“After our office alerted the Department of Homeless Services, visited the site and spoke to residents, it became clear that both specific and systemic changes were urgently needed to protect and support the youth there. We have met with their leadership and worked to call for and guide reforms and improvements together with our government partners.”

Zac Roy, Project Renewal’s spokesperson, said in his email that the nonprofit has “a good working relationship” with the Public Advocate’s Office, noting that “Project Renewal added an additional session to awareness training last October expanded every new employee within seven days of starting at Marsha’s house.”

LGBTQ activists said they spent years drawing attention to the troubles at Marsha’s home, only to be turned away by Project Renewal and the Department of Homeless Services. Sean Coleman, founder of the LGBQ nonprofit in the Bronx target tomorrowShe described the process as “disheartening”.

“There should have been more LGBT community posts once they started operations,” Coleman said of Marsha’s House. “Now it feels like they got the money, so they don’t really want to do better.”

tax Submissions show Project Renewal received an average of $74 million in government funding each year from 2017-2019. His contract to run Marsha’s House was recently extended to June 2025 for a total of $25.6 million, according to the city’s Department of Social Services.

When asked about the treatment of LGBTQ residents at its facilities, DHS told NBC News via email in September that the department strives to create a “hospitable and inclusive environment” for all it serves. DHS also announced it had “multiple” discussions with the Sylvia Rivera Law Project, writing, “We have been open and responsive and cooperative.” Alexander said the nonprofit pulled out of discussions with DHS in the summer of 2020 , after the agency offered little follow-up.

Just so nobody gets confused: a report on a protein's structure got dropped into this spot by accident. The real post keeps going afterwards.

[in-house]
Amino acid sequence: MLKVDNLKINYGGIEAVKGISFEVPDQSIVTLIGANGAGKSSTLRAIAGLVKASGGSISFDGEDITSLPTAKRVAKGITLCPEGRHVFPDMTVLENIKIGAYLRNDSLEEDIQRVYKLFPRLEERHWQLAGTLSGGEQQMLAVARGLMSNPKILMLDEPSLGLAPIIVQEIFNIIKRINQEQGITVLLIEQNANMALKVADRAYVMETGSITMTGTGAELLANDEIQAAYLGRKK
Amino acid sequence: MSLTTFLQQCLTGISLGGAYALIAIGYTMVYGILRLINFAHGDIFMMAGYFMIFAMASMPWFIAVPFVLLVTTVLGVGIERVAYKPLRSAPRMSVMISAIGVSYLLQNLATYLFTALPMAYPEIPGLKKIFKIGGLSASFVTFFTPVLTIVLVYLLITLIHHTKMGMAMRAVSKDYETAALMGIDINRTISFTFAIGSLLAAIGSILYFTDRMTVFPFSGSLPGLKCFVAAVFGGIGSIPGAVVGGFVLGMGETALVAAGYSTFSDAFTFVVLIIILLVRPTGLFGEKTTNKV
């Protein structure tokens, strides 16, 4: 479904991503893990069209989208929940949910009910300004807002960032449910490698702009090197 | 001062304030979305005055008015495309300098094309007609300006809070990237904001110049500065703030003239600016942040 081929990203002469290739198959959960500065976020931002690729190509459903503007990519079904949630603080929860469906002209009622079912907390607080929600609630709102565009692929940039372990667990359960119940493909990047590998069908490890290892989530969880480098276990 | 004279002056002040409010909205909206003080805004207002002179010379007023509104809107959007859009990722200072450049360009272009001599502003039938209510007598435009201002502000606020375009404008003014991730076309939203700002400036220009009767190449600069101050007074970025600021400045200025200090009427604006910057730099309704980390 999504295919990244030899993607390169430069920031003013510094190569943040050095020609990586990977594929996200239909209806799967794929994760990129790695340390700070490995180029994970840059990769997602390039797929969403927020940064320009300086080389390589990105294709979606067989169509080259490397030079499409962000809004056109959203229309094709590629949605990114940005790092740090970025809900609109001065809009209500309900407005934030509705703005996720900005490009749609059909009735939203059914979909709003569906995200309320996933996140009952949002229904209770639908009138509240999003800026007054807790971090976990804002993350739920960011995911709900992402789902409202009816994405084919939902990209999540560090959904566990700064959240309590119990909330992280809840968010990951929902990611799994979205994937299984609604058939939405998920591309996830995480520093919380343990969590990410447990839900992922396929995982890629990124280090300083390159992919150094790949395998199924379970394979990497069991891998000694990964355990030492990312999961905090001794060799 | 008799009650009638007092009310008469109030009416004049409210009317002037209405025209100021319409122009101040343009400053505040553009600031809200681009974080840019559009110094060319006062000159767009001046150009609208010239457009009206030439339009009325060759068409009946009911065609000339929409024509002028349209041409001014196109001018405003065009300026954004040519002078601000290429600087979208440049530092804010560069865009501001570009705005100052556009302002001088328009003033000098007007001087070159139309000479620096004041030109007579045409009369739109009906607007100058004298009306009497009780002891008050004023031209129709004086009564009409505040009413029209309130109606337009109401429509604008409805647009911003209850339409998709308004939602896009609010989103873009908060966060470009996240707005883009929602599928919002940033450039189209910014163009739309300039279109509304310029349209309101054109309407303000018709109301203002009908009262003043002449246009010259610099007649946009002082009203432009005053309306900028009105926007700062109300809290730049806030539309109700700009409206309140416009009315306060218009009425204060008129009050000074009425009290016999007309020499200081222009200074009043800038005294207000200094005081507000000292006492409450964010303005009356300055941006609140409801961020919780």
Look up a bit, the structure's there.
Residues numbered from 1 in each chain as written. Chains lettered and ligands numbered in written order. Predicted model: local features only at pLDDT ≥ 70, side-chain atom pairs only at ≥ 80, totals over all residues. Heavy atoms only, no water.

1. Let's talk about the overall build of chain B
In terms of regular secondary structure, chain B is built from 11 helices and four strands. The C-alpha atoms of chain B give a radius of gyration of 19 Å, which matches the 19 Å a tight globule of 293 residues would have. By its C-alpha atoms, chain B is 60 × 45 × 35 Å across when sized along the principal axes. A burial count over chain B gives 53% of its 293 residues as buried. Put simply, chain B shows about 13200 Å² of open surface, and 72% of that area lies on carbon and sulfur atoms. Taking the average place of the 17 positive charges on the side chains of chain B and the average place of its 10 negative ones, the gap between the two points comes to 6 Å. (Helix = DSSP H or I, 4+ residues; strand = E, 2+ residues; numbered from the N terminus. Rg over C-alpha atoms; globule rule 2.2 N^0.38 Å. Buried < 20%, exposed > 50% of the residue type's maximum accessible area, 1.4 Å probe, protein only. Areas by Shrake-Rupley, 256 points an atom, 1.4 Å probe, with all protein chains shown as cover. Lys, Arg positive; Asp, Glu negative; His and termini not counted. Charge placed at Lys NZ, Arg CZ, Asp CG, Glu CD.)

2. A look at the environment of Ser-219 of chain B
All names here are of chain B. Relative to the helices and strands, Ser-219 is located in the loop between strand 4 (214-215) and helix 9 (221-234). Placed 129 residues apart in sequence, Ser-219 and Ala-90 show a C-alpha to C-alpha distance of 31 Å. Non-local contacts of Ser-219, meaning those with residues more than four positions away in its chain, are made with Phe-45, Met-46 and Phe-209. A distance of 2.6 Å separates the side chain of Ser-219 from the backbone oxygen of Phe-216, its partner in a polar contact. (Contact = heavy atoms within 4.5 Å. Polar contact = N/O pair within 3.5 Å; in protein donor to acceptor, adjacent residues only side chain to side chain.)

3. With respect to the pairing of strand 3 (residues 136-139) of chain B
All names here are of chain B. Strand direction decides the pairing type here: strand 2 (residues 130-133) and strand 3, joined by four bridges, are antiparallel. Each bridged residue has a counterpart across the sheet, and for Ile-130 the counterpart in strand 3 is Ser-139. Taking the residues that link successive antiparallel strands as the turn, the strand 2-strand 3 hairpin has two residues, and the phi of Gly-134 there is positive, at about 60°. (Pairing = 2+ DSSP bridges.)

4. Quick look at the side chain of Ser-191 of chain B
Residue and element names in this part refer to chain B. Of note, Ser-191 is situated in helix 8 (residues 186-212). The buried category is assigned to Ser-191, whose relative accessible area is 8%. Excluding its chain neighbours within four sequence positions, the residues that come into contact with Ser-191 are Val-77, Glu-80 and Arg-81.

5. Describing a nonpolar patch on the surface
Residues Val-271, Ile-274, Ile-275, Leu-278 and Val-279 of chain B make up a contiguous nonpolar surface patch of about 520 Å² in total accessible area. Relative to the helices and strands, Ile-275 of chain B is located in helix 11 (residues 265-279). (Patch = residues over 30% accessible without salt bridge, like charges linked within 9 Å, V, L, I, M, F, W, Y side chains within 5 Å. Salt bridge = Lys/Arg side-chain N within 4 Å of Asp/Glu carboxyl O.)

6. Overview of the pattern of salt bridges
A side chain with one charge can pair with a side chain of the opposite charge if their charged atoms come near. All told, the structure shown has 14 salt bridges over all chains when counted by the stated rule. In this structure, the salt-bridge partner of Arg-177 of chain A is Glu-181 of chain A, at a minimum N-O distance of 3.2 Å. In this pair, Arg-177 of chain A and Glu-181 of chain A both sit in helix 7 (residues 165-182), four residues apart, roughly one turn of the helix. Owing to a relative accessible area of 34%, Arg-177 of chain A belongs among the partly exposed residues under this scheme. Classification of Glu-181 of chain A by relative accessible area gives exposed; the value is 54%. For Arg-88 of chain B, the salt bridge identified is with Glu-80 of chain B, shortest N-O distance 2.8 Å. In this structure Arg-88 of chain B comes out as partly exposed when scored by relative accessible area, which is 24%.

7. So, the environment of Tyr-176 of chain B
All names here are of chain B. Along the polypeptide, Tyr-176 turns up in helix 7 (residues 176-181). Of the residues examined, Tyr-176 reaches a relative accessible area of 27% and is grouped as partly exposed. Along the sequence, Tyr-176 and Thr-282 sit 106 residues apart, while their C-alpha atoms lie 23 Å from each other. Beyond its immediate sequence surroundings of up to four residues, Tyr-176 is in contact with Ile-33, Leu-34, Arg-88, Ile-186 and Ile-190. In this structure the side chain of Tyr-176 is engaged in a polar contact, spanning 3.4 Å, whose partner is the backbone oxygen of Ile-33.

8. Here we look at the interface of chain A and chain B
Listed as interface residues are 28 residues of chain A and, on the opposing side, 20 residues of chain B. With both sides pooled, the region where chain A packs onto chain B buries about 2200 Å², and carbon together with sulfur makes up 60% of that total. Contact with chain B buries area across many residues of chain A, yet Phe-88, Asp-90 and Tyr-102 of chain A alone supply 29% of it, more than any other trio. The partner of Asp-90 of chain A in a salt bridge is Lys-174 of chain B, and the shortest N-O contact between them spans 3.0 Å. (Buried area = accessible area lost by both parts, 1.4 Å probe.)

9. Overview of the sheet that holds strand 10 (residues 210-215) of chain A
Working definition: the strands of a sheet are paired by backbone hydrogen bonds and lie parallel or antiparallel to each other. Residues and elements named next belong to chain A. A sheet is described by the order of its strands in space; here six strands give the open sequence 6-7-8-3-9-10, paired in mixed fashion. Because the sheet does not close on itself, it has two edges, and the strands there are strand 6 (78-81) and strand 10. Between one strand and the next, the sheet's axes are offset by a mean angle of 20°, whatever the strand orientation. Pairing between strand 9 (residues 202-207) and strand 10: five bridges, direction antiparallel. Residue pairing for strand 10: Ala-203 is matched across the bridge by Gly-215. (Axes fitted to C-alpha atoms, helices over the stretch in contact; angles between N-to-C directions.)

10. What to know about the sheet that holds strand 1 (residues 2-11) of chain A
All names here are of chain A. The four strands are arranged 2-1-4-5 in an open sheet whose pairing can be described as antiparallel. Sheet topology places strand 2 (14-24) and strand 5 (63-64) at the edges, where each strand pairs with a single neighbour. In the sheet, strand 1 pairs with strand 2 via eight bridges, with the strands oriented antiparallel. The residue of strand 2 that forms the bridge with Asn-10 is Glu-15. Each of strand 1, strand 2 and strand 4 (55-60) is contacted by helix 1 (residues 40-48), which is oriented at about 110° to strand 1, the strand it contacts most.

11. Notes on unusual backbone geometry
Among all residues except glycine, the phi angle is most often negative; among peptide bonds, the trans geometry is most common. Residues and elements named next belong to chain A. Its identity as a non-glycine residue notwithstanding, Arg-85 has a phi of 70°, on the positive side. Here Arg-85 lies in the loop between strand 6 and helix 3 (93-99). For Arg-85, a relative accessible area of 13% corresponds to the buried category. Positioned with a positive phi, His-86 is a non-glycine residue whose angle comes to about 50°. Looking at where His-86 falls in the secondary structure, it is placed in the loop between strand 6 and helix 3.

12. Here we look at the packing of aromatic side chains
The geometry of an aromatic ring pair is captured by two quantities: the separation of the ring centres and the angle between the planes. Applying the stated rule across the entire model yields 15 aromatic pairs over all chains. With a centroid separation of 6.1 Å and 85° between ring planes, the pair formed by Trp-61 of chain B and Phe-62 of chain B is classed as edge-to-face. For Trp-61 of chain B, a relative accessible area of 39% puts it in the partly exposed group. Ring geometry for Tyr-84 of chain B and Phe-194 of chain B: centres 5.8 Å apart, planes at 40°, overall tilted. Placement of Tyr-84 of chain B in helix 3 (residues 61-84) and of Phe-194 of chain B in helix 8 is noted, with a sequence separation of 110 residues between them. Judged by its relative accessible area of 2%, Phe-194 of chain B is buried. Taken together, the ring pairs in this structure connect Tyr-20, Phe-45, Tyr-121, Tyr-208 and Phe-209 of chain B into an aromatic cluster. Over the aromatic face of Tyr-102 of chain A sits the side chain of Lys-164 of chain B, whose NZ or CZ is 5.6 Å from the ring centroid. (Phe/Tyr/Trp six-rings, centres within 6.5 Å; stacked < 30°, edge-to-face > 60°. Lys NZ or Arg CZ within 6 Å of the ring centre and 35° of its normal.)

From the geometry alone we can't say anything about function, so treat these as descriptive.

Alexander is urging the city to “set up an outside agency that will essentially hold DHS accountable because they’re not going to do it themselves.”

While the DHS Ombudsman monitors complaints, the reporting system is a “closed loop,” said Chinyere Ezie, a senior counsel for DHS Center for Constitutional Rightssaid.

“Their policy is to send them back to the shelter and to the shelter directors – the very people who are the subject of these complaints,” Ezie said of the complaints.

Ezie represented Mariah Lopez in her lawsuit against Marsha’s house and helped establish a settlement with DHS last fall. The settlement requires DHS to increase transparency around allegations of sexual misconduct and educate staff and accommodation providers about LGBTQ rights. It will also create dedicated housing for transgender and gender-nonconforming adults in Brooklyn, Manhattan, Queens and the Bronx.

“This settlement marks a turning point in the treatment of transgender and gender-nonconforming people in New York City affected by homelessness,” Ezie said in a press release in November.

In a statement on the settlement, DHS said, “We thank Mariah Lopez for her leadership on this matter.”

Rinehults and Unity have both secured permanent housing since leaving Marsha’s house. Unity moved into her own apartment in December and said she’s trying to clear her head from the “trial and confusion” she went through at the city’s only shelter for LGBTQ adults.

“Justice must be served for what they did at Marsha’s house,” Unity said.

CORRECTION (February 9, 2022 12:40 PM ET): A previous version of this article misspelled the last name of a former resident of Marsha’s House. He’s Andrew Rinehults, not Andrew Rynehults.